Fact: Statistics show that 85% of American households have pesticides in their home.
5 risks if your dog eats moss
#1: Some mosses are dangerous for your dog
Your dog sees moss like it’s some kind of a delicacy.
One that’s readily available in your yard. Or in the woods that you often walk on.
It’s fun watching them sniff and munch on it.
But hold it!
Eating moss could pose a serious risk to your pooch. Especially if the one they’re eating is toxic for them.
“But how can I tell if the moss is dangerous?”
Mosses like rock moss, peat moss, and moss rose are dangerous for your dog. It could cause poisoning if they eat it.
Rock moss is often found in bank rivers and shady parts in the woods. They’re the ones sticking in large rocks or trees.
While moss rose and peat moss are often used in gardening.
Oh, and if you have a pool, you must also be careful.
Because the slimy moss near it is also a health hazard for your pooch.
This can be often seen in wet areas. Like near the swimming pool or ponds.
And it contains bacterias, algae, and chlorines which are dangerous and toxic.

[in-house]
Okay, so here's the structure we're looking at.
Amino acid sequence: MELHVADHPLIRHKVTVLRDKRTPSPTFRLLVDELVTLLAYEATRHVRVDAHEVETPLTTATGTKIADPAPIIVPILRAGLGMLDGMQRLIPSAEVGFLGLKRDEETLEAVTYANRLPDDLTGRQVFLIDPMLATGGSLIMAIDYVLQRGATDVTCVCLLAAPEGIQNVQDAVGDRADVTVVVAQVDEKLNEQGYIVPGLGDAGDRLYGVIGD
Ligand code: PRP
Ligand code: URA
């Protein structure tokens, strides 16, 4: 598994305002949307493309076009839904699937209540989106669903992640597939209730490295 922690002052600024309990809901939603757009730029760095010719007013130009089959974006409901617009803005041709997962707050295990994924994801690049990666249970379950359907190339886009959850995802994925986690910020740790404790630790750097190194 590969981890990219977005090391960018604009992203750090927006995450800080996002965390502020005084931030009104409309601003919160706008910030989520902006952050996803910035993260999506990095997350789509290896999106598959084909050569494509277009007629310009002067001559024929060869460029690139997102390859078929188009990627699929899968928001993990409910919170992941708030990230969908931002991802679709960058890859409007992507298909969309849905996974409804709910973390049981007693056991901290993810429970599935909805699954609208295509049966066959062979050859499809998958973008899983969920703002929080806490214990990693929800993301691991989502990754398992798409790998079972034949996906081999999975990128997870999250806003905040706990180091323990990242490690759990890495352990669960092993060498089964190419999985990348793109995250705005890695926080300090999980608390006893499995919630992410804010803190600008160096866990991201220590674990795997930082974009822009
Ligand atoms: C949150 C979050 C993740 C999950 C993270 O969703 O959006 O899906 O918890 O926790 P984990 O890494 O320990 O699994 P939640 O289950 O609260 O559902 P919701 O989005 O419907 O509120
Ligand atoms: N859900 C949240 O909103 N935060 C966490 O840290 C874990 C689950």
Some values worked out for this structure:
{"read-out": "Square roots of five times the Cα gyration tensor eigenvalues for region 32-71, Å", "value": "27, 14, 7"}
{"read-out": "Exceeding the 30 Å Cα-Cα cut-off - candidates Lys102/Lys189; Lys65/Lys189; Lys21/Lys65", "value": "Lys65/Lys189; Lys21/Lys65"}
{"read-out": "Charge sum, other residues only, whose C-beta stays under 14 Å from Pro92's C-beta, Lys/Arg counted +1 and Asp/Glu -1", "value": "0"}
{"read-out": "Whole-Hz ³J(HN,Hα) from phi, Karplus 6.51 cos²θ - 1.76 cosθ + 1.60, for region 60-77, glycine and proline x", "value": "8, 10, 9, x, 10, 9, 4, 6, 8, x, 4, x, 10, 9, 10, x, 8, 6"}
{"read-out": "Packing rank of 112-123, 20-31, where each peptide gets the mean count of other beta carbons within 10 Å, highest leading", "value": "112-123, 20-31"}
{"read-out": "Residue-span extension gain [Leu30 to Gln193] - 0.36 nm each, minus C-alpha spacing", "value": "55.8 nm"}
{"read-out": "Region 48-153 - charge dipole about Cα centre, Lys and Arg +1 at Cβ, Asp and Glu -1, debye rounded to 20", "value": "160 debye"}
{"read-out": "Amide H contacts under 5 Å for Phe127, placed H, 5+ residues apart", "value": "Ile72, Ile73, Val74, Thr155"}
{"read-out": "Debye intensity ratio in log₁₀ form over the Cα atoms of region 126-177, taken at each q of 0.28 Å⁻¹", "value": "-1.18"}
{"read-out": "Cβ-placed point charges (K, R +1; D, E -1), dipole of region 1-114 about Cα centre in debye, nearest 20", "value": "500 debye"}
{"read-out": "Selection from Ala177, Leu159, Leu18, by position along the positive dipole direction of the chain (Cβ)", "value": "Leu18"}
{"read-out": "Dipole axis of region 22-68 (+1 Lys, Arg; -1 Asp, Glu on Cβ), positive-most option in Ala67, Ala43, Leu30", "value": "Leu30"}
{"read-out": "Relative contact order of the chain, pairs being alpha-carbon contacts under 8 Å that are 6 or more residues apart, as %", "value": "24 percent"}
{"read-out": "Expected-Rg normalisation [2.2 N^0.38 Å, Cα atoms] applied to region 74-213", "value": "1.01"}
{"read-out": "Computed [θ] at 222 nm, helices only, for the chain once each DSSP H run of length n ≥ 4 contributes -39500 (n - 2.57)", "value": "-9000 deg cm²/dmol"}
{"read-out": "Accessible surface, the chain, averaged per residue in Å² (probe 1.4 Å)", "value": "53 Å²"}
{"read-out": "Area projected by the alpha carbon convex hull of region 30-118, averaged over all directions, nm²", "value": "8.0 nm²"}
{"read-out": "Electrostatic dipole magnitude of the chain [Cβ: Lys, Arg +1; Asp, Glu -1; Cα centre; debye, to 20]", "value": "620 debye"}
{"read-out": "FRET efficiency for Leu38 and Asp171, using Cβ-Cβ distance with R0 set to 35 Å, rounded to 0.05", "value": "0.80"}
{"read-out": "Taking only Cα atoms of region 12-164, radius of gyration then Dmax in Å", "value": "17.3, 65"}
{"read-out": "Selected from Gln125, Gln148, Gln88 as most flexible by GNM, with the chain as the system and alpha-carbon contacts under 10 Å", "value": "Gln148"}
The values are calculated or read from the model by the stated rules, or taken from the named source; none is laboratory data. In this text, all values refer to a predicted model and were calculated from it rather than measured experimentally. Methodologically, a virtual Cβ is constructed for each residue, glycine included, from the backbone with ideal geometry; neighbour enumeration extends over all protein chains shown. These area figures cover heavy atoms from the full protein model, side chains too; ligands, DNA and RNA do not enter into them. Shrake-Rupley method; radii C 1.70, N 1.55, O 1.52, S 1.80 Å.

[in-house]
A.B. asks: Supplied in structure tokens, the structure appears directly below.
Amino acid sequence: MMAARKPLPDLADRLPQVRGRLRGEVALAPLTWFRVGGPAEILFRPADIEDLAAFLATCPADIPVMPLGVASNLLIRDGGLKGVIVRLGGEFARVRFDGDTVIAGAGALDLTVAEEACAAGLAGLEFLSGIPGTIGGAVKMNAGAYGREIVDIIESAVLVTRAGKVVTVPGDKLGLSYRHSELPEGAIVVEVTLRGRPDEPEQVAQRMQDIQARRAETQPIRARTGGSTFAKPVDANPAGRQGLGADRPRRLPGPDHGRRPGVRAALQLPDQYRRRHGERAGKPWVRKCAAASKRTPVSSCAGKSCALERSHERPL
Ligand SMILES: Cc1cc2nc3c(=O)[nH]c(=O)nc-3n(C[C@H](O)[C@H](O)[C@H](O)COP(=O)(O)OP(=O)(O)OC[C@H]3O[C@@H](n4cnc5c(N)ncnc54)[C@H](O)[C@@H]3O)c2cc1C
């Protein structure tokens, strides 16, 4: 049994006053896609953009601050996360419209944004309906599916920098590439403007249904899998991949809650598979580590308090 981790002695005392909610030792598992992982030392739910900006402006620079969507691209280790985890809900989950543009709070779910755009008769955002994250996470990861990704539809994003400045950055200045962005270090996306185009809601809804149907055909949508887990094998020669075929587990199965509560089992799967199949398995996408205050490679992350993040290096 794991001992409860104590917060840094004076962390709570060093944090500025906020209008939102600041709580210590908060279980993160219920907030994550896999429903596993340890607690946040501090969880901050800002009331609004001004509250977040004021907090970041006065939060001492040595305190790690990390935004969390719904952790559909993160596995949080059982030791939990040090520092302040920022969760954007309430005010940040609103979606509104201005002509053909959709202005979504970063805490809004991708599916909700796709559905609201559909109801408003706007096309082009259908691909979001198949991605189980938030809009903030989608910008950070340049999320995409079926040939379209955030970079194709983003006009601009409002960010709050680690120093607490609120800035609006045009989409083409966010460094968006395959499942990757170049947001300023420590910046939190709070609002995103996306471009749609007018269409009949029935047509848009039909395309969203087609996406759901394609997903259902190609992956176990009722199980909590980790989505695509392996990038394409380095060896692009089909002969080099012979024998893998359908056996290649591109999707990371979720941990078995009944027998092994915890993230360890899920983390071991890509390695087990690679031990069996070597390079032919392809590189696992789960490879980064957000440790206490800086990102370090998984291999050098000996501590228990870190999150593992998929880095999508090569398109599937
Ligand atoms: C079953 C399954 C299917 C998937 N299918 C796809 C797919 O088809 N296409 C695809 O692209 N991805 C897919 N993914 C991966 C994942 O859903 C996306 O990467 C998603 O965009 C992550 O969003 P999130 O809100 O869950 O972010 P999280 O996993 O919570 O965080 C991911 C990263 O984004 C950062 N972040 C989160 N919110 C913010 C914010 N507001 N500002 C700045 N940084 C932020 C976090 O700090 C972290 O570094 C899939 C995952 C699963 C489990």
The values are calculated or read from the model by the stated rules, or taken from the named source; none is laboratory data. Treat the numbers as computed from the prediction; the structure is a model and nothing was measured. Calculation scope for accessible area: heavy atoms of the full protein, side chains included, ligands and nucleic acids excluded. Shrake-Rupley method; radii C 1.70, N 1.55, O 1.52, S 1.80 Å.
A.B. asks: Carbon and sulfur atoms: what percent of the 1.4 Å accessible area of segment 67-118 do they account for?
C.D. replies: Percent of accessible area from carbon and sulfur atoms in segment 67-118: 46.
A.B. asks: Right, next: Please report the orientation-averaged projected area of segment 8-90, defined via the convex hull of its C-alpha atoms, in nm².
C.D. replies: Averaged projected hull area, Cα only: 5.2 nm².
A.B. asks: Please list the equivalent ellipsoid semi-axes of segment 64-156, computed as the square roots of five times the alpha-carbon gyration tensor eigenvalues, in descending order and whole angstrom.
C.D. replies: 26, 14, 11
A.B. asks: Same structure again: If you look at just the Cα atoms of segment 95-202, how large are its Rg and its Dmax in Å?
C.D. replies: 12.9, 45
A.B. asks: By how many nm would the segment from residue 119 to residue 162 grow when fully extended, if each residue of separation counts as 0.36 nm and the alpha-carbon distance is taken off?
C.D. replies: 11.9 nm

Not just to your dog. But to you as well.
Now, here’s a list of the non-toxic moss for your pooch:
- Ball moss.
- Irish moss.
- Spanish moss.
- Sphagnum moss.
A friendly reminder, these mosses are still not safe to eat.
#2: Chemical poisoning
This sticky moss is so moist and soft!”
Your dog likes munching on moss whenever they get the chance. You don’t worry much about this eating habit.
Because you think moss isn’t toxic to dogs.
You’re right! (But unfortunately, you’re also wrong.)
Most mosses are safe for dogs.
They can eat it occasionally. Just as how some pooches eat grass.
The only problem is the artificial chemicals in the moss itself.
Especially if you’re using moss and weed killers on it.
These have substances in them that are toxic. And poisonous to dogs when they ingest it.
You see, dogs don’t only eat moss. They also lay down, roll over, and sniff on it.
Once the chemicals get in contact with their paws and fur, they can spread it all over your home.
In their dog bed. On the couches.
And even on their food when they eat.